Most notably, inositol seems to promote ovulation, which, in turn, may support fertility. In one study, only 6 percent of control group participants experienced menstrual cycles versus 86 percent in the inositol group, results that seem to be supported by follow-up research. (7)

Using inositol supplements and eating foods high in this nutrient may also help combat some of the mental risks involved with PCOS, since inositol has been found to combat these in several human studies. Examples of this include:

  • Depression (8910)
  • Panic disorder (1112)
  • Obsessive-compulsive disorder (OCD) (49)
  • Premenstrual dysphoric disorder (PMDD) (13)
  • Anxiety (14)

Other that inositol, PCOS requires nutritional therapy that can help balance hormones. If you have not been considering your food intake, this may be your wake up call.

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photo credit google images

While not every natural solution will work in the same way for every woman with PCOS, there are many natural remedies for PCOS that may work effectively. Nine examples of these are to:

  1. Give your diet a makeover (with a keto or anti-inflammatory diet)
  2. Get enough rest
  3. Exercise in an appropriate way
  4. Avoid exposure to endocrine disruptors
  5. Supplement with inositol
  6. Try acupuncture
  7. Get more vitamin D
  8. Try other PCOS supplements (magnesium, zinc, calcium, omega-3s, chromium, N-acetylcysteine and folic acid)
  9. Visit a chiropractor

Need a support group? Join our women only support group Total Transformation by Marina Farook. 

Exercise for Glowing Skin

I get the most compliments on my skin right after a workout. It’s not a secret, a regular intense workout routine is a big part of my skin care regimen. You don’t have to purchase too many cosmetics for glowing young skin. You can keep tight plump skin as you age.

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Exercise Daily
Breakouts are caused by inflammation. Working out regularly lowers cortisol levels, therefore lowering inflammation in the body and preventing acne. Exercise of all types decreases stress hormones like adrenaline and cortisol, and increase endorphins, which improve mood and reduce perception of pain.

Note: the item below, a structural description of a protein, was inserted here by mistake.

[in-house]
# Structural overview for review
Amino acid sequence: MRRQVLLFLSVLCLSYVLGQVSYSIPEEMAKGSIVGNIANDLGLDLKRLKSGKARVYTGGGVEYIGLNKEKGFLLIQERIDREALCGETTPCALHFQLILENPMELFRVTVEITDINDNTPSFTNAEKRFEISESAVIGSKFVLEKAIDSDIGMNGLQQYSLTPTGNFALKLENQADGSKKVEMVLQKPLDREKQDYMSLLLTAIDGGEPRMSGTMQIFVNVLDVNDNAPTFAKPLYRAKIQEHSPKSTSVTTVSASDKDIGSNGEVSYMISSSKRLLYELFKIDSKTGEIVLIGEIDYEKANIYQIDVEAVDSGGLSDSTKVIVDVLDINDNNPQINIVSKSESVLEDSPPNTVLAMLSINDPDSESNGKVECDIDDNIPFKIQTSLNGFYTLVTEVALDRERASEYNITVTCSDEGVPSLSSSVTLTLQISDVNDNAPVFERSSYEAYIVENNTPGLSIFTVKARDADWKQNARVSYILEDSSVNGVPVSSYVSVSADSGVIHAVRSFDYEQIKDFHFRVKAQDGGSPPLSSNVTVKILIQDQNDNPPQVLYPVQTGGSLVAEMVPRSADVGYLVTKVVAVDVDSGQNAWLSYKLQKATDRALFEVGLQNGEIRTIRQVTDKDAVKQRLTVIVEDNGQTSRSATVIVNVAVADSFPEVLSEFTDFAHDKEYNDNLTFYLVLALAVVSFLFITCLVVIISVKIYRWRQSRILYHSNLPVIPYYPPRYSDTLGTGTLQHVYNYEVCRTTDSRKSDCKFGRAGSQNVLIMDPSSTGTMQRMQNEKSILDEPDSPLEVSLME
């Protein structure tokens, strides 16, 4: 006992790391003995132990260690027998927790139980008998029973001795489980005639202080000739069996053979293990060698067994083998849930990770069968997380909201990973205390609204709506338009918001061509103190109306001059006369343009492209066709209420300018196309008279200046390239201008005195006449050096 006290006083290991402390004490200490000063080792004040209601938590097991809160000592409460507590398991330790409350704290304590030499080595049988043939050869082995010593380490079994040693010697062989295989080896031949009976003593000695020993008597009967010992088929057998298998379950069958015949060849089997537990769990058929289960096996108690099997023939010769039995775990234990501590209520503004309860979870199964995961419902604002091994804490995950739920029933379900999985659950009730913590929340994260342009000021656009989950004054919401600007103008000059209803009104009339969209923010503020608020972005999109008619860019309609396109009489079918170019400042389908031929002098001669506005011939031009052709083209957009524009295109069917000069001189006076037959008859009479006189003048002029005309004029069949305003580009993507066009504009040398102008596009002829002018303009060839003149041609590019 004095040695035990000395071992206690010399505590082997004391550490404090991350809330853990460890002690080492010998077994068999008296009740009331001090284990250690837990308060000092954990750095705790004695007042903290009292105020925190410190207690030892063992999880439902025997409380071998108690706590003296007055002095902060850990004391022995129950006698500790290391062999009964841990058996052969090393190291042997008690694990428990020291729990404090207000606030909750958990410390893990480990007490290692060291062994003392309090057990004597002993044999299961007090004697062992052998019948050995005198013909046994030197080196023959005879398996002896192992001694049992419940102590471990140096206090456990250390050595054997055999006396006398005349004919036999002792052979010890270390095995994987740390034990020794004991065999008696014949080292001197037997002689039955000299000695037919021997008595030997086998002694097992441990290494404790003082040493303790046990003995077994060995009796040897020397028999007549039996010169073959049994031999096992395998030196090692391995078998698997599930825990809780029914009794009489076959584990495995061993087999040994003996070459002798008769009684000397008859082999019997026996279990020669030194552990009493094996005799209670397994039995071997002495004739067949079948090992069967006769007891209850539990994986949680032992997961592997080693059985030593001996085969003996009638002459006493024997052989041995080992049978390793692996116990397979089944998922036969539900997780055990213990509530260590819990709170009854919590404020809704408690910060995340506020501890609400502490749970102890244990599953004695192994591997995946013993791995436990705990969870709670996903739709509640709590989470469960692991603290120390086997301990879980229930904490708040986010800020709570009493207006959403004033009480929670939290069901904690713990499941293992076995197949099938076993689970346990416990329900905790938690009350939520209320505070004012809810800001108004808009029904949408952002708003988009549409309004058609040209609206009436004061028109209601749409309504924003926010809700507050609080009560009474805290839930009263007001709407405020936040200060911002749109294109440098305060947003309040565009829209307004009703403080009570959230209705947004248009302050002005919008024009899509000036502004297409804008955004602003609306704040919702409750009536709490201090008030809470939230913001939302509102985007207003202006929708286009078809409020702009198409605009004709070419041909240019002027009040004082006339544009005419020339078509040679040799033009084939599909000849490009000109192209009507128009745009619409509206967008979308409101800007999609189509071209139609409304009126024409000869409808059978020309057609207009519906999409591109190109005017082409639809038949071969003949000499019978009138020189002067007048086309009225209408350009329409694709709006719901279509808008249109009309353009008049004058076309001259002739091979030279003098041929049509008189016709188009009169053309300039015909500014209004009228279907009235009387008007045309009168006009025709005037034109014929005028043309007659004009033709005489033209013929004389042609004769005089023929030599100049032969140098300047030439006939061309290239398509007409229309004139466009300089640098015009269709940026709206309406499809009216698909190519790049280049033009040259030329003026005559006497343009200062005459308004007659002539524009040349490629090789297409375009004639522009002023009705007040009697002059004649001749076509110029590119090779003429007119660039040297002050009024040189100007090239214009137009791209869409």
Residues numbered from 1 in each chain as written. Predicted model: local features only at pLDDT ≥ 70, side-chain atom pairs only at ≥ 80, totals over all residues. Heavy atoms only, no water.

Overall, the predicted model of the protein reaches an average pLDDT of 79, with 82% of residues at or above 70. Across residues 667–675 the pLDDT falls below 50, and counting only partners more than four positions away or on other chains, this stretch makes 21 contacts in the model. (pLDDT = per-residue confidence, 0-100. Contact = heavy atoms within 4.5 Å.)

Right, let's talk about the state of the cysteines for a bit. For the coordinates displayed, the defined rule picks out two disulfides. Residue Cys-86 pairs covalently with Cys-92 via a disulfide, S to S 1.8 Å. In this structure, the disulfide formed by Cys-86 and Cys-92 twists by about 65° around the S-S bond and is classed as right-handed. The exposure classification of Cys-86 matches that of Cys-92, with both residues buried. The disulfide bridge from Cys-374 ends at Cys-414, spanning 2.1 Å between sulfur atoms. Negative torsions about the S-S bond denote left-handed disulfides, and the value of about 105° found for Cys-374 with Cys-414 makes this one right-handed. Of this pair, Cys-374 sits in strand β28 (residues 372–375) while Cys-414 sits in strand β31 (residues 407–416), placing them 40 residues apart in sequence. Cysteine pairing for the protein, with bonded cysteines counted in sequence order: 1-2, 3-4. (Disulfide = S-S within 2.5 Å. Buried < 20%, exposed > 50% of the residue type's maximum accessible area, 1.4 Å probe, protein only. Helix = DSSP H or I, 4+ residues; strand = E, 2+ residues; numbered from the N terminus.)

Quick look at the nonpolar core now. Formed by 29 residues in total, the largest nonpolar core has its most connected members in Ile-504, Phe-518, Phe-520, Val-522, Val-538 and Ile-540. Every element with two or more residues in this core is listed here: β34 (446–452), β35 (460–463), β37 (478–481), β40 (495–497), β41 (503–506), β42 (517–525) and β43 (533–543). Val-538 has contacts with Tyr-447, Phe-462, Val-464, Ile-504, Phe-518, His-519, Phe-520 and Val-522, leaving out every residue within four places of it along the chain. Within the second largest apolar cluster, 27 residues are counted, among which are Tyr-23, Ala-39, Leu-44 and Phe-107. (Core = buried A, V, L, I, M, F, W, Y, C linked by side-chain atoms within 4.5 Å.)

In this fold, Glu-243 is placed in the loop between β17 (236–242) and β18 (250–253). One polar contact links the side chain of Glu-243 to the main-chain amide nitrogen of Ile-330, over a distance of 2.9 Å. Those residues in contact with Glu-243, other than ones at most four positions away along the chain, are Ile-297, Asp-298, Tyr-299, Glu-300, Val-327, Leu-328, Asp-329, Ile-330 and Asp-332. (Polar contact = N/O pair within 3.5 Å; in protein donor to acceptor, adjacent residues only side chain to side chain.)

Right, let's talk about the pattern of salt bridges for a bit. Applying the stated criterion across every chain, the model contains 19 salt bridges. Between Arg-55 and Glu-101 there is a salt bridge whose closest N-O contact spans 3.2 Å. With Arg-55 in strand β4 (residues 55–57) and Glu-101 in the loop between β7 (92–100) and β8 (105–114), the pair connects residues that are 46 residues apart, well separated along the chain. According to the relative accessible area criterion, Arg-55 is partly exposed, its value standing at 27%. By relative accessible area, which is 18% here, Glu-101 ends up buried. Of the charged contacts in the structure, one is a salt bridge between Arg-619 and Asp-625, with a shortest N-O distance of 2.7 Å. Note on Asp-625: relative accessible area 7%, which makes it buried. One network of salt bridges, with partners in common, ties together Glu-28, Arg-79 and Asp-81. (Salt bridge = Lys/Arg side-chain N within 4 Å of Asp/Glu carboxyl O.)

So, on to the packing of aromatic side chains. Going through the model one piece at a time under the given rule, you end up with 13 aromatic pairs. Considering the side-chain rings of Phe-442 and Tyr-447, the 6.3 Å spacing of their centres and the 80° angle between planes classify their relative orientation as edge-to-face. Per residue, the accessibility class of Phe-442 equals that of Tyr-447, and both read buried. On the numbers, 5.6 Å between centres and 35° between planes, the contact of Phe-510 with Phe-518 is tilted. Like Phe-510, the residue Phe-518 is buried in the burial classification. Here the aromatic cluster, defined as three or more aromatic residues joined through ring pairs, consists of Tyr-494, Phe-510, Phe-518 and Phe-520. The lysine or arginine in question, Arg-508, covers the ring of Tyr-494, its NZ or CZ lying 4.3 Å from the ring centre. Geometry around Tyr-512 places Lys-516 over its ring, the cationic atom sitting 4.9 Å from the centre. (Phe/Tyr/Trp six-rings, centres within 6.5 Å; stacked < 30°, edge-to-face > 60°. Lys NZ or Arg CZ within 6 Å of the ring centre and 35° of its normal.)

While exercising can increase cortisol, people who exercise regularly actually adapt to this. So it’s more common to break out if you’re new to exercise. Sauna has many benefits, including opening up your pores and starting your body’s natural anti-aging process. Think of it as a workout and steaming your face at the same time.

We tend to focus on the cardiovascular benefits of physical activity, and those are important. But anything that promotes healthy circulation also helps keep your skin healthy and vibrant.

Exercise – The Best Cleanser

By increasing blood flow, exercise helps nourish skin cells and keep them vital. Blood carries oxygen and nutrients to working cells throughout the body, including the skin. In addition to providing oxygen, blood flow also helps carry away waste products, including free radicals, from working cells. Contrary to some claims, exercise doesn’t detoxify the skin. The job of neutralizing toxins belongs mostly to the liver. But by increasing blood flow, a bout of exercise helps flush cellular debris out of the system. You can think of it as cleansing your skin from the inside.

Less Wrinkle & More Glow

A lifetime of regular exercise slows down aging, study finds. Researchers at the University of Birmingham and King’s College London have found that staying active keeps the body young and healthy.

Exercise is now the first scientifically proven “anti-aging” medicine for humans. The muscles of healthy seniors who did six months of resistance training actually rejuvenated. Read this interesting study on this. 

A good workout will actually help your body in the production of collagen and this keeps your skin firm and supple. Collagen is the most abundant protein in your body. Easy way to get more collagen is to eat more red meat, fish and whole eggs. The best source is to have beef shank with bone broth.

When you get your heart pumping from aerobic exercise, your skin receives a good dose of oxygenated blood. Your skin also starts producing more of its natural oils, helping skin look healthy and naturally moisturized.

Feeling Stressed? How Your Skin, Hair And Nails Can Show It.

Pending job cuts at the office. Back-to-back final exams. A messy divorce. An unexpected surgery. What do they all have in common? In a word – stress. While everyone knows that stress can take a toll on a person physically and psychologically, it also can lead to dermatologic problems, such as acne, brittle nails or even hair loss.

When a person becomes stressed, the level of the body’s stress hormone (cortisol) rises. This in turn causes an increase in oil production, which can lead to oily skin, acne and other related skin problems. Dr. Mayoral ( dermatologist Flor A. Mayoral, MD, FAAD, clinical instructor in the departments of dermatology and cutaneous surgery at the University of Miami’s Miller School of Medicine in Miami, Fla.) noted that even patients with skin that is not affected by acne tend to develop temporary stress-related acne due to increased oil production. Read more of this interesting study here.

When to Workout

It’s never too late to begin a proper workout regimen. Check out this article if you need help designing your workout routine. Have you started working out to improve your skin ? What is you favorite routine? Let us know below.

From Me to We – Shaheena Chowdhury’s Birth Story

“9 o’ clock sharp,” I reminded my then-husband the night before the surgery. 

“I’ll be there well before 9,” came back his tired voice.